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Chinese Nobel winner’s wife tells of his arrest

Liu Xia, wife of 2010 Nobel Peace Prize winner Liu Xiaobo, has been held under house arrest for more than two years in Beijing, China.

Ng Han Guan/AP Photo

Liu Xia, wife of 2010 Nobel Peace Prize winner Liu Xiaobo, has been held under house arrest for more than two years in Beijing, China.

BEIJING — Stunned that reporters were able to visit her, Liu Xia trembled uncontrollably and cried Thursday as she described how absurd and emotionally draining her confinement under house arrest has been in the two years since her jailed activist husband, Liu Xiaobo, was named a Nobel Peace laureate.

In her first interview in 26 months, Liu Xia spoke briefly with journalists from Associated Press who managed to visit her apartment while the guards who watch it apparently went lunch. Her voice shook and she was breathless at receiving unexpected visitors.

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Liu said her continuing house arrest has been in stark contrast to Beijing’s celebratory response to this year’s Chinese victory among the Nobels — literature prize winner Mo Yan. Liu said she has been confined to her apartment in downtown Beijing with no Internet or outside phone line and is allowed weekly trips for groceries and to visit her parents.

‘‘We live in such an absurd place,’’ she said. ‘‘It is so absurd. I felt I was a person emotionally prepared to respond to the consequences of Liu Xiaobo winning the prize. But after he won the prize, I really never imagined that after he won, I would not be able to leave my home. This is too absurd. I think Kafka could not have written anything more absurd and unbelievable than this.’’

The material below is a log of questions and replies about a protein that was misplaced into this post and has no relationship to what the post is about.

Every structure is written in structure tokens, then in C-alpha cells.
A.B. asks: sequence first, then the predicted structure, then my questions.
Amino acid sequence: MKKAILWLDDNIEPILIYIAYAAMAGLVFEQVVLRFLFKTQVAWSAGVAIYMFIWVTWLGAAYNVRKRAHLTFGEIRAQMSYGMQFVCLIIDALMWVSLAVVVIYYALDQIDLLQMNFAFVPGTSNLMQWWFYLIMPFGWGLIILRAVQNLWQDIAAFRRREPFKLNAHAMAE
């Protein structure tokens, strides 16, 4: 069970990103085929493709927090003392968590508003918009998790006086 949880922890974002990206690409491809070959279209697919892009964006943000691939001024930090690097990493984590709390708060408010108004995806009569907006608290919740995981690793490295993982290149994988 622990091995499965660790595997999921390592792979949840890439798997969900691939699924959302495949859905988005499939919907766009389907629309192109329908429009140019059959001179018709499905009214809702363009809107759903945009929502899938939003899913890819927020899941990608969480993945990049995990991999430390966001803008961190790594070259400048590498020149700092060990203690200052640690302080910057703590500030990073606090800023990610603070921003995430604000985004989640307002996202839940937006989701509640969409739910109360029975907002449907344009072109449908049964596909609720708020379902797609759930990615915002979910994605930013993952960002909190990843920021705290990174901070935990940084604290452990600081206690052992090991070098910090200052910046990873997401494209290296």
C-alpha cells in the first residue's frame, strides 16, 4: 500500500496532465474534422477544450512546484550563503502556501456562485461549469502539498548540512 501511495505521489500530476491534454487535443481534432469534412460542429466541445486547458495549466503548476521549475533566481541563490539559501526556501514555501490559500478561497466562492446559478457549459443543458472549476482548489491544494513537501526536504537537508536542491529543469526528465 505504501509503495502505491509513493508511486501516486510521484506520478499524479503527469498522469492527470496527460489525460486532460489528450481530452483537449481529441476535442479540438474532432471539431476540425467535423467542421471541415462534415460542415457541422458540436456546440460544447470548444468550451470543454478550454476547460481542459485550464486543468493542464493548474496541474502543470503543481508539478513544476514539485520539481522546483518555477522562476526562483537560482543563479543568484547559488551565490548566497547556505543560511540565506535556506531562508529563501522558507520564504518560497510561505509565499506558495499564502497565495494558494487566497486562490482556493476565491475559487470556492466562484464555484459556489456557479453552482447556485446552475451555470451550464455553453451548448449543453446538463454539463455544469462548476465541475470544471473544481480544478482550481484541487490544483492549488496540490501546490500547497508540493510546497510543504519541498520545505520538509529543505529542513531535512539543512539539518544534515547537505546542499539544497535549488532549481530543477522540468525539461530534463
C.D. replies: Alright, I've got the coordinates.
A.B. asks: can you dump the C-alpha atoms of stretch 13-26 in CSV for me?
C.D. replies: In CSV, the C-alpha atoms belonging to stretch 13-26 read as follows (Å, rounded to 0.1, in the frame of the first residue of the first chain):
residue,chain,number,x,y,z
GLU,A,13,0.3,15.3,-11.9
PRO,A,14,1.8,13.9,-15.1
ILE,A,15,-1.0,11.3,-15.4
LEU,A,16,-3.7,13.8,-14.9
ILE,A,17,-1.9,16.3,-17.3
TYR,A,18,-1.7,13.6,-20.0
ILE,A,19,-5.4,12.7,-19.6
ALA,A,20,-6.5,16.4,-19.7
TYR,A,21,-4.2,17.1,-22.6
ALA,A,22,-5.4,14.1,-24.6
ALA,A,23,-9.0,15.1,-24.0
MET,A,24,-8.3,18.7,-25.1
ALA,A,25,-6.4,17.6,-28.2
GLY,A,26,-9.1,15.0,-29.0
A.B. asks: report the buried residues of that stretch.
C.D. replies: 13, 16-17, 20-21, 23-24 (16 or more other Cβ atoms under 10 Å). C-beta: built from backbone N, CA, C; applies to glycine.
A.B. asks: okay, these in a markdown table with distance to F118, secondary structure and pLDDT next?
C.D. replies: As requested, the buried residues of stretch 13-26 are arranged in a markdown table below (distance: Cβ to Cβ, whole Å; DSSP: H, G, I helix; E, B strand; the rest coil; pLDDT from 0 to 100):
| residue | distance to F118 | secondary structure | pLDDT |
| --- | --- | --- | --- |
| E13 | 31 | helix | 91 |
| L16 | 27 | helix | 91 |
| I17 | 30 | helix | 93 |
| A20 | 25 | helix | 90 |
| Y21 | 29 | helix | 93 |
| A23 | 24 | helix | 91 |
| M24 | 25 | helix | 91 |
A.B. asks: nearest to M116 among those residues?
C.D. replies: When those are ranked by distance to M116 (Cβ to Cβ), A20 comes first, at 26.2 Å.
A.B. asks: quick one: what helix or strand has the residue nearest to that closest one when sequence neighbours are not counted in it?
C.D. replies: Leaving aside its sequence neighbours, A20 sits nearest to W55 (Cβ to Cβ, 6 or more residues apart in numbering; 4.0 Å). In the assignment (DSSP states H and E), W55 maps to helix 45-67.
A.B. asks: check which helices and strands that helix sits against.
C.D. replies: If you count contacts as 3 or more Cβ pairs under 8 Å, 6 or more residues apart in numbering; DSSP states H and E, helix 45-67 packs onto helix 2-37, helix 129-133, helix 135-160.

Once a month, she is taken to see her husband in prison. It was not clear when Liu Xia started regular visits with her husband or if they would continue following her interview. She was denied visits for more than a year after she saw him two days after his Nobel win and emerged to tell the world that he had dedicated the award to those who died in the 1989 Tiananmen crackdown.

Liu Xiaobo is four years into an 11-year prison term for subversion for writing and disseminating a programmatic call for democracy, Charter ’08. In awarding him the peace prize, the Nobel committee cited that proposal and his two decades of nonviolent struggle for civil rights.

Beijing condemned Liu’s 2010 award, saying it tarnished the committee’s reputation to bestow it on a jailed criminal. That fury was replaced with jubilation and pride this year, after the announcement that Mo — who has been embraced by China’s communist government — had been named winner of the Nobel literature prize.

The authoritarian government’s detention of the Liu couple, one in a prison 280 miles northeast of Beijing and the other in a fifth-floor apartment in the capital, underscores its determination to keep the 57-year-old peace laureate from becoming an inspiration to other Chinese, either by himself or through his wife.

Her treatment has been called by rights groups the most severe retaliation by a government given to a Nobel winner’s family.

Liu appeared frail and said a back injury frequently keeps her confined to bed.

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